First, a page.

Ruby first appeared on the scene in 1995. At first, Ruby, was just a little-known language that came out of Japan with a very small following. With the creation of Ruby on Rails, Ruby skyrocketed into relevance and has become one of the most powerful back-end languages on the web. Many future Model-View-Controller (MVC) frameworks have tried to copy the success of Ruby on Rails with varying degrees of success. Ruby is an example of how the creation of a killer app can completely alter the programming landscape.
As a language, Ruby follows a heavy Object Oriented design philosophy. It also supports imperative and functional programming. Ruby is a very easy language to get started with due to how simple and grammatical its syntax is. Drawing inspiration from Smalltalk, Lisp, and Perl, Ruby utilizes a dynamic type system and has a built-in interpreter. Like Python, Ruby is a very fun language to program in and it is very expressive. Though Ruby is mostly used as a back-end web language, it can easily work for many other applications.
Invented by Apple, Swift is the main language for iOS, taking the place of Objective-C. Swift was originally built to be safer than Objective-C and it first appeared on the scene in 2014. As you can imagine, with Apple holding such a large market share for mobile devices, Swift is an extremely sought after programming language. Swift is highly extensible and was made open source at version 2.2. It also targets the Microsoft .NET platform and as well as the Java/Android platform.
As a language, Swift is a highly expressive Object Oriented language similar to Objective-C. Swift draws a lot of influence from Python, Rust, Haskell, C# and Ruby. It also has a very simple syntax. Some clever programmers are porting Swift to the web but for now, it is primarily used for programming mobile applications. Swift was built on top of the LLVM compiler which means that it’s extremely flexible and compact.
Go or Golang was first introduced by google in 2007 as a low level, memory safe language. Originally made as an experiment, Go has exploded in popularity in the past 9 years. Go is very versatile and is used in everything from web development to lower level driver development. Go has a very reasonable syntax and it draws many of its features from C. Go is an easy language to learn and it is very powerful due to it having such a low level of abstraction. Go is used by many large companies for full corporate level applications.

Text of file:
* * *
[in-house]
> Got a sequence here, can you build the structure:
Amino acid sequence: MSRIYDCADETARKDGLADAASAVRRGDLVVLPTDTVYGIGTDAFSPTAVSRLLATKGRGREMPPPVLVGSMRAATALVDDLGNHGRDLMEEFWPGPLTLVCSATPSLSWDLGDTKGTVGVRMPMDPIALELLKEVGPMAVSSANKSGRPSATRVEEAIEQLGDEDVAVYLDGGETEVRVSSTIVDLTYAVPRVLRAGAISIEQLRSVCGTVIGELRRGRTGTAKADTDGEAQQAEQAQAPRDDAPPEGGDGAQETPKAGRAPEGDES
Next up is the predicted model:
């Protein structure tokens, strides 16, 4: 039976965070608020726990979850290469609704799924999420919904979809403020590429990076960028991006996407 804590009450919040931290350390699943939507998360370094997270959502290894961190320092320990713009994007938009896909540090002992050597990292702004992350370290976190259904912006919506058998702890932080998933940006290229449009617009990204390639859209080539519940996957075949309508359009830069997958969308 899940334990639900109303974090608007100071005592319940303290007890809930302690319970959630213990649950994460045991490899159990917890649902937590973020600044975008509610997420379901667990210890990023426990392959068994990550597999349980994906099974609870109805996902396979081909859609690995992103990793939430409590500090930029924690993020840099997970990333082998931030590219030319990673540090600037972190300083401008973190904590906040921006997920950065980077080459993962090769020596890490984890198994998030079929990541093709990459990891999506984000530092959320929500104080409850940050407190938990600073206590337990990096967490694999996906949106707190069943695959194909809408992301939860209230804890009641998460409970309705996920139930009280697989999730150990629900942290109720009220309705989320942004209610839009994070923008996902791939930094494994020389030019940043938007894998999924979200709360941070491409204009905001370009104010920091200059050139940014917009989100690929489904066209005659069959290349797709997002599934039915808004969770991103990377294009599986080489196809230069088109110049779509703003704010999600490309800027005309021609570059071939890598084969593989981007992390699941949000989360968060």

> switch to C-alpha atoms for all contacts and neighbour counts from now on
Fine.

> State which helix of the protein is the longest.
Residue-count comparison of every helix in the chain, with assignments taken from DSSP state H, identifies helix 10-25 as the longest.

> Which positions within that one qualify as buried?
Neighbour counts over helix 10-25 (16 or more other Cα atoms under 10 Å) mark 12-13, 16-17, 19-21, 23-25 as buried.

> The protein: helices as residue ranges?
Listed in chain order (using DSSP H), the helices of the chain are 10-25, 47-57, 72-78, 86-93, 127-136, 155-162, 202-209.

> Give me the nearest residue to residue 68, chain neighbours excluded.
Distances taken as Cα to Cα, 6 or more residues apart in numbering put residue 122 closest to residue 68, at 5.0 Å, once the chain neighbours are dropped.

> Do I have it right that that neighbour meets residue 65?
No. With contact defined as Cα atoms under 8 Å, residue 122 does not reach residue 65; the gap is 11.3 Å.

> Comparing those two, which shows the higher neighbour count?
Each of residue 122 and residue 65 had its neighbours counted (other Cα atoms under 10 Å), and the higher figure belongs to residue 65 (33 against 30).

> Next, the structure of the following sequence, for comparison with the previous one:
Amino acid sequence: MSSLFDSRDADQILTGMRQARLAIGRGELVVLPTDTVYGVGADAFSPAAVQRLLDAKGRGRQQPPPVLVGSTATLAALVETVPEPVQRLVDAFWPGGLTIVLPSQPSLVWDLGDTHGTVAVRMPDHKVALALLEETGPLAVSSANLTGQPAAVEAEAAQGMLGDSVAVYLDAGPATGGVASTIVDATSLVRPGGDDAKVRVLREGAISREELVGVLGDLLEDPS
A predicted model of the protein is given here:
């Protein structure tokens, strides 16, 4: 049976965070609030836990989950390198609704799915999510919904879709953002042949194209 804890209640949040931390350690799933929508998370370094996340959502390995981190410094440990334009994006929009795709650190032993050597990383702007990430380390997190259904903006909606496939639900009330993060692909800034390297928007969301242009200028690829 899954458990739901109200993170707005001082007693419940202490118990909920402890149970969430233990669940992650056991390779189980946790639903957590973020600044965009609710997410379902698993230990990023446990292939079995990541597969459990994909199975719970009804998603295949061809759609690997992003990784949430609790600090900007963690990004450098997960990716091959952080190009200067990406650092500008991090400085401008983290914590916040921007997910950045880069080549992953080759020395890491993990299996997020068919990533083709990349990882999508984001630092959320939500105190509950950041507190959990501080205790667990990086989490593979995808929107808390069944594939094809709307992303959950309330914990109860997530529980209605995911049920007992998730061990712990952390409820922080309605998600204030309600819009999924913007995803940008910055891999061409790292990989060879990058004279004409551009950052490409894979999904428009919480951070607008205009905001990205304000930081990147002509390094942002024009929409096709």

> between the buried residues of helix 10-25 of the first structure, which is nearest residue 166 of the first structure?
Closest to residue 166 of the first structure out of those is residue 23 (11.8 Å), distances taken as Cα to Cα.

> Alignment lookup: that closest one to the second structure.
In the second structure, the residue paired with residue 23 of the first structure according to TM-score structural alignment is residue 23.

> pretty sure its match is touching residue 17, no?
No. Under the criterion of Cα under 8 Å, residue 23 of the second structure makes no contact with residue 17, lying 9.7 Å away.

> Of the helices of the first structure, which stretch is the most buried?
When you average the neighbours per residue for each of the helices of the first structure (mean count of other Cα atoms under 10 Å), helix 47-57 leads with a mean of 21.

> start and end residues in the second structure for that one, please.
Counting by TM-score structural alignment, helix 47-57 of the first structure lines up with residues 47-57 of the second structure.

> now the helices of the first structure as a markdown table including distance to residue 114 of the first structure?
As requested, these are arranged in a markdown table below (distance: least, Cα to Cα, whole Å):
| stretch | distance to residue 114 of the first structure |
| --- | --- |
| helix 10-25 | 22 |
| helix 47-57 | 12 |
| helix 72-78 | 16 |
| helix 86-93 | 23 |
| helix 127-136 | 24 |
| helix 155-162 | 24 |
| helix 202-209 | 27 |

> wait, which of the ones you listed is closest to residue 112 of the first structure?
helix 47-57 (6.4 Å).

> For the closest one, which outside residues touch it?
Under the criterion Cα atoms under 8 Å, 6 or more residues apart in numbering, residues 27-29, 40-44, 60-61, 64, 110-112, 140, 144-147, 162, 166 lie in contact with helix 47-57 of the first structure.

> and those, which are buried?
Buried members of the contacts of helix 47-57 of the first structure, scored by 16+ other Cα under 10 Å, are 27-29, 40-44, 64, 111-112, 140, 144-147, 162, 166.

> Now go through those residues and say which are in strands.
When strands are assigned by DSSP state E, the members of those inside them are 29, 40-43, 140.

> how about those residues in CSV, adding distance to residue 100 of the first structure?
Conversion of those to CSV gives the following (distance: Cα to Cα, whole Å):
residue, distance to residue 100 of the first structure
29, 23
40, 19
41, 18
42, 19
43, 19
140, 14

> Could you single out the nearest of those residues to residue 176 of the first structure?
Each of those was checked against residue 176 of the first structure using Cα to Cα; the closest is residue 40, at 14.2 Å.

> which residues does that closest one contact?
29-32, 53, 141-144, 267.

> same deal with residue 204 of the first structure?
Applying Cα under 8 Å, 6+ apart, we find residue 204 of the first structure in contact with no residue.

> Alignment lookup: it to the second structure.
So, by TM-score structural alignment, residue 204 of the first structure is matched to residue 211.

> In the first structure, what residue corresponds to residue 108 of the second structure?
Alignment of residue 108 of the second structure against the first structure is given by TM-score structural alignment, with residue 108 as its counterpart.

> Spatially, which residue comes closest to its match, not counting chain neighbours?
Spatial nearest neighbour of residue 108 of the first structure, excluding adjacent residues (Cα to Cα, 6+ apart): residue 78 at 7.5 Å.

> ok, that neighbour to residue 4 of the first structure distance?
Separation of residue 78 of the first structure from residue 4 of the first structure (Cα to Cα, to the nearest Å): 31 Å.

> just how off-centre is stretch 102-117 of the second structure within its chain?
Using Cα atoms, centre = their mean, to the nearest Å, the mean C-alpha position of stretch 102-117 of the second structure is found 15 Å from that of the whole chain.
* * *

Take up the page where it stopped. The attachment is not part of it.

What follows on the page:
As a language, Go follows a lot of the traditions that C has put forth but also draws many different features from dynamic languages. Go comes bundled with very strong tooling features and is an extremely lightweight language. Go draws its inspiration from C, Python, Smalltalk, and Ocamm. Go has extremely fast compilation times and built-in concurrency features.
R is a programming language that was specifically made for statistical analysis. Dating back to 1993, R is heavily used for developing statistical software and for data analysis. R is widely used in the scientific community and has a pretty fervent following. If you intend to get involved with Mathematics or Physics then R is probably a language you want to learn. R comes with many built-in features for statistical analysis and many libraries to help build plots and graphics.
As a language, R is similar to the S programming language, though it draws many influences from Common Lisp and Scheme, despite not having a Lisp syntax. While R can be used as a general purpose programming language with the right libraries it is mostly used for data mining and statistical purposes. The syntax is rather easy to pick up but the core language can be a little difficult to learn if you don’t have the appropriate mathematical background.
We know some people are going to get upset that we didn’t list C++ or C# in the top ten list of the most common programming languages and rightly so. We decided to that because C, C++, and C# are all rated around rank two, we should let a few other languages into our top ten so as to give a wider look at the different styles of programming that you can choose from. (though as an aside, it’s a little disappointing that no truly functional language is in the top ten). There will be a post about C++ and C# if enough people really are that upset about it.
We hope you enjoyed our top ten list of the most sought after and common computer programming languages. This page is aimed to help new programmers navigate the sea of languages and finds the language that is right for them. It is our plan to update this list as different languages become more relevant.